Physical Fitness in Late Adolescence Linked to Future Cardiovascular Outcomes

Summary and Comment |
November 17, 2015

Physical Fitness in Late Adolescence Linked to Future Cardiovascular Outcomes

  1. Karol E. Watson, MD, PhD, FACC

Exercise capacity and muscle strength at age 18 predict mid-life cardiovascular events in a 26-year follow-up study.

  1. Karol E. Watson, MD, PhD, FACC

Exercise capacity and muscle strength in adulthood predict later cardiovascular outcomes; however, whether exercise capacity and muscle strength in late adolescence are predictive of cardiovascular risk in mid-life is unknown. To assess effects on vascular diseases and arrhythmias, investigators performed a prospective follow-up study of 1.1 million men examined at mandatory military conscription in Sweden between 1972 and 1995 (median baseline age, 18; median follow-up, 26 years). An ergometer bicycle test and handgrip strength were used to estimate maximum exercise capacity and muscle strength, respectively.

During follow-up, 26,088 vascular disease events and 17,312 arrhythmia events occurred. Exercise capacity was inversely associated with risk for vascular disease overall and all of its subgroups (ischemic heart disease, heart failure, stroke, and cardiovascular death), with the association driven mostly by lower risk for heart failure and cardiovascular death. Exercise capacity had a U-shaped association with risk for arrhythmia overall and specifically with bradyarrhythmia risk and was directly associated with risk for atrial fibrillation. Greater muscle strength was associated with lower arrhythmia risk. The combination of high exercise capacity and high muscle strength was associated with significant reductions in vascular events (hazard ratio, 0.67) and arrhythmia (HR, 0.92) compared with the combination of low exercise capacity and low muscle strength.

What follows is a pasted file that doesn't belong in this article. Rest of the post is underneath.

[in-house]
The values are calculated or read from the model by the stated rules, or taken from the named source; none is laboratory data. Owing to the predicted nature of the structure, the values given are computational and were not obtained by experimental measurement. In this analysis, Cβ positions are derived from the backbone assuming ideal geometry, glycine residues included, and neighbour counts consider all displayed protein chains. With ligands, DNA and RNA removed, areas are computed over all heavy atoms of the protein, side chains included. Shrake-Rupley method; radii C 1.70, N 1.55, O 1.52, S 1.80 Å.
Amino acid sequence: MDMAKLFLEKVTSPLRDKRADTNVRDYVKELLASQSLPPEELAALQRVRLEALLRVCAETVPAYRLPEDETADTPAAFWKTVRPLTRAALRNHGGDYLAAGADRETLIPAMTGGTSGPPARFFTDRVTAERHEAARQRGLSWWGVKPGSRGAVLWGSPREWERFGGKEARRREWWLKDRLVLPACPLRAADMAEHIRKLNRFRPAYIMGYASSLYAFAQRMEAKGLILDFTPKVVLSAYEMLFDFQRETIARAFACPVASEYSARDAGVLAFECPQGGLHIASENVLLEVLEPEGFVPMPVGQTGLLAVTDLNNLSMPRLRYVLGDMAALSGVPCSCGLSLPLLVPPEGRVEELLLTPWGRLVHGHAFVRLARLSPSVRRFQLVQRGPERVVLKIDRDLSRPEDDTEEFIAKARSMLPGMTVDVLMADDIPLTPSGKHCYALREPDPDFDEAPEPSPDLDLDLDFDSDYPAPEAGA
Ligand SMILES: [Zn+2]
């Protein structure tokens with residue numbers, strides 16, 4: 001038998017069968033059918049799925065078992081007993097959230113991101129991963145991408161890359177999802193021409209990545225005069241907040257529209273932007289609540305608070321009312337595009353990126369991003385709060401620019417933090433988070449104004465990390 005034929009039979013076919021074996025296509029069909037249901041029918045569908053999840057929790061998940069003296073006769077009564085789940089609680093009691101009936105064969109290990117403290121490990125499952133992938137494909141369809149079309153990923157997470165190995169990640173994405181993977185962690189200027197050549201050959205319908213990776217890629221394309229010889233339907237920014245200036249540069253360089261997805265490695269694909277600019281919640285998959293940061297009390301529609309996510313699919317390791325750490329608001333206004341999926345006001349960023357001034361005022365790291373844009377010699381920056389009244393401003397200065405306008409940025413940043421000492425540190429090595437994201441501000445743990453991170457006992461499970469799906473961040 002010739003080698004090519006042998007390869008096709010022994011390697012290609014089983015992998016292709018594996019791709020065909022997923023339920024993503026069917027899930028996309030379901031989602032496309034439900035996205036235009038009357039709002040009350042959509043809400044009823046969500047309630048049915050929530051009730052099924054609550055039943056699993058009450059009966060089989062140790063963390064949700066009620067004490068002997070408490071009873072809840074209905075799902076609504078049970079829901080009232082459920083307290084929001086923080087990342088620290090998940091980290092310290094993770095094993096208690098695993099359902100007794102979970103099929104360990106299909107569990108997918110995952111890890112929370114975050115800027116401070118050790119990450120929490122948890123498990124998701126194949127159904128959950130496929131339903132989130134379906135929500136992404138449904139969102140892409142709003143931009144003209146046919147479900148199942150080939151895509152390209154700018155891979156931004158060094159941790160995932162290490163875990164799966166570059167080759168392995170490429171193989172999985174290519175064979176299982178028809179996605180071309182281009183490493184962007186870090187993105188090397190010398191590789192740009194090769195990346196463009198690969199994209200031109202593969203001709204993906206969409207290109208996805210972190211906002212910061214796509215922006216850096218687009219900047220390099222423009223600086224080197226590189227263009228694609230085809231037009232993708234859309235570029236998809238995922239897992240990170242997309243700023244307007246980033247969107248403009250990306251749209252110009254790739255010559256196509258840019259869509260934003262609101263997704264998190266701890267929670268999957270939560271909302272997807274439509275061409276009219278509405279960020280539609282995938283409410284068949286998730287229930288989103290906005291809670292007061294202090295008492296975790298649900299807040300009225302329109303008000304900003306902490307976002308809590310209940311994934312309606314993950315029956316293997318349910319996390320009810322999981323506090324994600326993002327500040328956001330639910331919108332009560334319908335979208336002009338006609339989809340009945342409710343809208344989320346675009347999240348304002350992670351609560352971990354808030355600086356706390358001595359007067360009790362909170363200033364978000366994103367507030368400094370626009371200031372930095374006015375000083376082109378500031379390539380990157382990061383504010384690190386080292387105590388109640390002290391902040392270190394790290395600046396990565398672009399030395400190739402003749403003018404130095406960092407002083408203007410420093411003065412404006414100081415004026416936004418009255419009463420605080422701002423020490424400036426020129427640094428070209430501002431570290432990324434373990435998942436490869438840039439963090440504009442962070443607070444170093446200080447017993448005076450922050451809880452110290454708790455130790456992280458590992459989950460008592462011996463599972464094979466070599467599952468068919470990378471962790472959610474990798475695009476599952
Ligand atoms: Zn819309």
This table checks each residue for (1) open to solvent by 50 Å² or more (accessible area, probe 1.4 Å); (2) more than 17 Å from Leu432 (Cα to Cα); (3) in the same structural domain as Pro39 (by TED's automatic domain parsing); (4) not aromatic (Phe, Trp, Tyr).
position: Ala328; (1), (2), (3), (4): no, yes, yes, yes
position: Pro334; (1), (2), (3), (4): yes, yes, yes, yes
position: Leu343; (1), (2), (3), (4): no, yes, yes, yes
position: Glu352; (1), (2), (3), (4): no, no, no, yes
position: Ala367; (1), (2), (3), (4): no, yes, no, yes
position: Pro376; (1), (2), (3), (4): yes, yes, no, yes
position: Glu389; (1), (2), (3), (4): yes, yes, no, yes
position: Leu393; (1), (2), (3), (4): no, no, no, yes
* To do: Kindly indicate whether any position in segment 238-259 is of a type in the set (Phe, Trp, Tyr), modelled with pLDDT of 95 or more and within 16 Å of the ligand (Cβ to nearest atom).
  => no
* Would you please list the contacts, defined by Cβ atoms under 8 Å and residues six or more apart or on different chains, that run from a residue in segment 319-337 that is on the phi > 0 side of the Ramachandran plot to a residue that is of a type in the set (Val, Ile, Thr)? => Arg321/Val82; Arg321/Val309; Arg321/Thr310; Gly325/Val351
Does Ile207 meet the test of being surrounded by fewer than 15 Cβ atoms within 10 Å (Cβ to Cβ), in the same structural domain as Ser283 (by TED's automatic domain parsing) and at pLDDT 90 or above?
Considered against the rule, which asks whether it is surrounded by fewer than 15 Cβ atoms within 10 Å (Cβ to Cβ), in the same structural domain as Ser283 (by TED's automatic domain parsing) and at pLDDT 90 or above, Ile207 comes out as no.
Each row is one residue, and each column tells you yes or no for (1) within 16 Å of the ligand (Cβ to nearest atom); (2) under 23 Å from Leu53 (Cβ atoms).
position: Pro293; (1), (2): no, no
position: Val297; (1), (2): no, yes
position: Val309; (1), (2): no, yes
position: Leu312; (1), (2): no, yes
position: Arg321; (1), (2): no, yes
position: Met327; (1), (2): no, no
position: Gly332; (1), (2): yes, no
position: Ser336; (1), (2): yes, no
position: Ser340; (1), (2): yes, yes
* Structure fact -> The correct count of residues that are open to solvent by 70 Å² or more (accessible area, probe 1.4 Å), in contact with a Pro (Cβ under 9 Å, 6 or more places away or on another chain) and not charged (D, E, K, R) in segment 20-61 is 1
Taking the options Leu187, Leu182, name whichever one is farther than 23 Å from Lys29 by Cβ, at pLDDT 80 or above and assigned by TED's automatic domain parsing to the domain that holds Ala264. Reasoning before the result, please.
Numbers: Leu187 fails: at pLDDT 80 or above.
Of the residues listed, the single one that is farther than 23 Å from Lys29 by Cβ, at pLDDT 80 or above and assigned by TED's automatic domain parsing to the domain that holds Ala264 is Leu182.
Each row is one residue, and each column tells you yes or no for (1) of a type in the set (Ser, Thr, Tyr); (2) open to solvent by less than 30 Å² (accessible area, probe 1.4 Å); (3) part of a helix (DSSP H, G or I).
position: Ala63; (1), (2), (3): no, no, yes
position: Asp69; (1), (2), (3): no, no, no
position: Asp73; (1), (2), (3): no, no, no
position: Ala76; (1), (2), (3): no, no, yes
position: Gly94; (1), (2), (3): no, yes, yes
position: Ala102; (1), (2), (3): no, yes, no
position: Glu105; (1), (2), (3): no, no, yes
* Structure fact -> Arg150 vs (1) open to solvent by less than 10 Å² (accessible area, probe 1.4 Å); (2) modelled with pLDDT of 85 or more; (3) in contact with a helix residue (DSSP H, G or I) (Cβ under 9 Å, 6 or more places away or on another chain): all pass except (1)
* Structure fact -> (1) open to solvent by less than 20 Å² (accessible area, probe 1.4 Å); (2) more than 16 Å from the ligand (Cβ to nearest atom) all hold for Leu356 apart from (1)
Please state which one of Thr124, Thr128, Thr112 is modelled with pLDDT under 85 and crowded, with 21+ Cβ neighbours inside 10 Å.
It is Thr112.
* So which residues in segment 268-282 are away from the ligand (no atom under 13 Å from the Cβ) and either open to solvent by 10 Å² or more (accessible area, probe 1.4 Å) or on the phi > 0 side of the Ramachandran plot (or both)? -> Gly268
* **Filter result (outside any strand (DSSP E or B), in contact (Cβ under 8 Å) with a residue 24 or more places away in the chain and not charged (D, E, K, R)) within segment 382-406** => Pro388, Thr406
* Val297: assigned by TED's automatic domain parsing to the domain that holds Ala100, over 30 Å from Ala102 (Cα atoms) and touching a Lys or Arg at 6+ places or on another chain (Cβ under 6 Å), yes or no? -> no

Comment

Increasing evidence suggests that the path to your cardiovascular destiny is laid down at a young age. For example, dietary patterns in adolescence can affect future cardiovascular events. In this study, exercise capacity and muscle strength in late adolescence were associated with future cardiovascular events. Rates of serious cardiovascular events and cardiovascular deaths were lower with greater exercise capacity and muscle strength. Although arrhythmia (primarily atrial fibrillation and bradyarrhythmia) was linked to higher exercise capacity, the authors note that the health benefits were “not outweighed by higher risk of arrhythmia.”

Strengths of this study are its very large sample size, long follow-up, and detailed data. A limitation is that the cohort evaluated was restricted to male military registrants. The authors note that “equivalent data for women are needed.”

Editor Disclosures at Time of Publication

  • Disclosures for Karol E. Watson, MD, PhD, FACC at time of publication Consultant / Advisory board: AstraZeneca; Daiichi Sankyo; GlaxoSmithKline; Merck; Pfizer; Quest Editorial boards: Reviews in Cardiovascular Medicine; Circulation Quality Outcomes; Circulation

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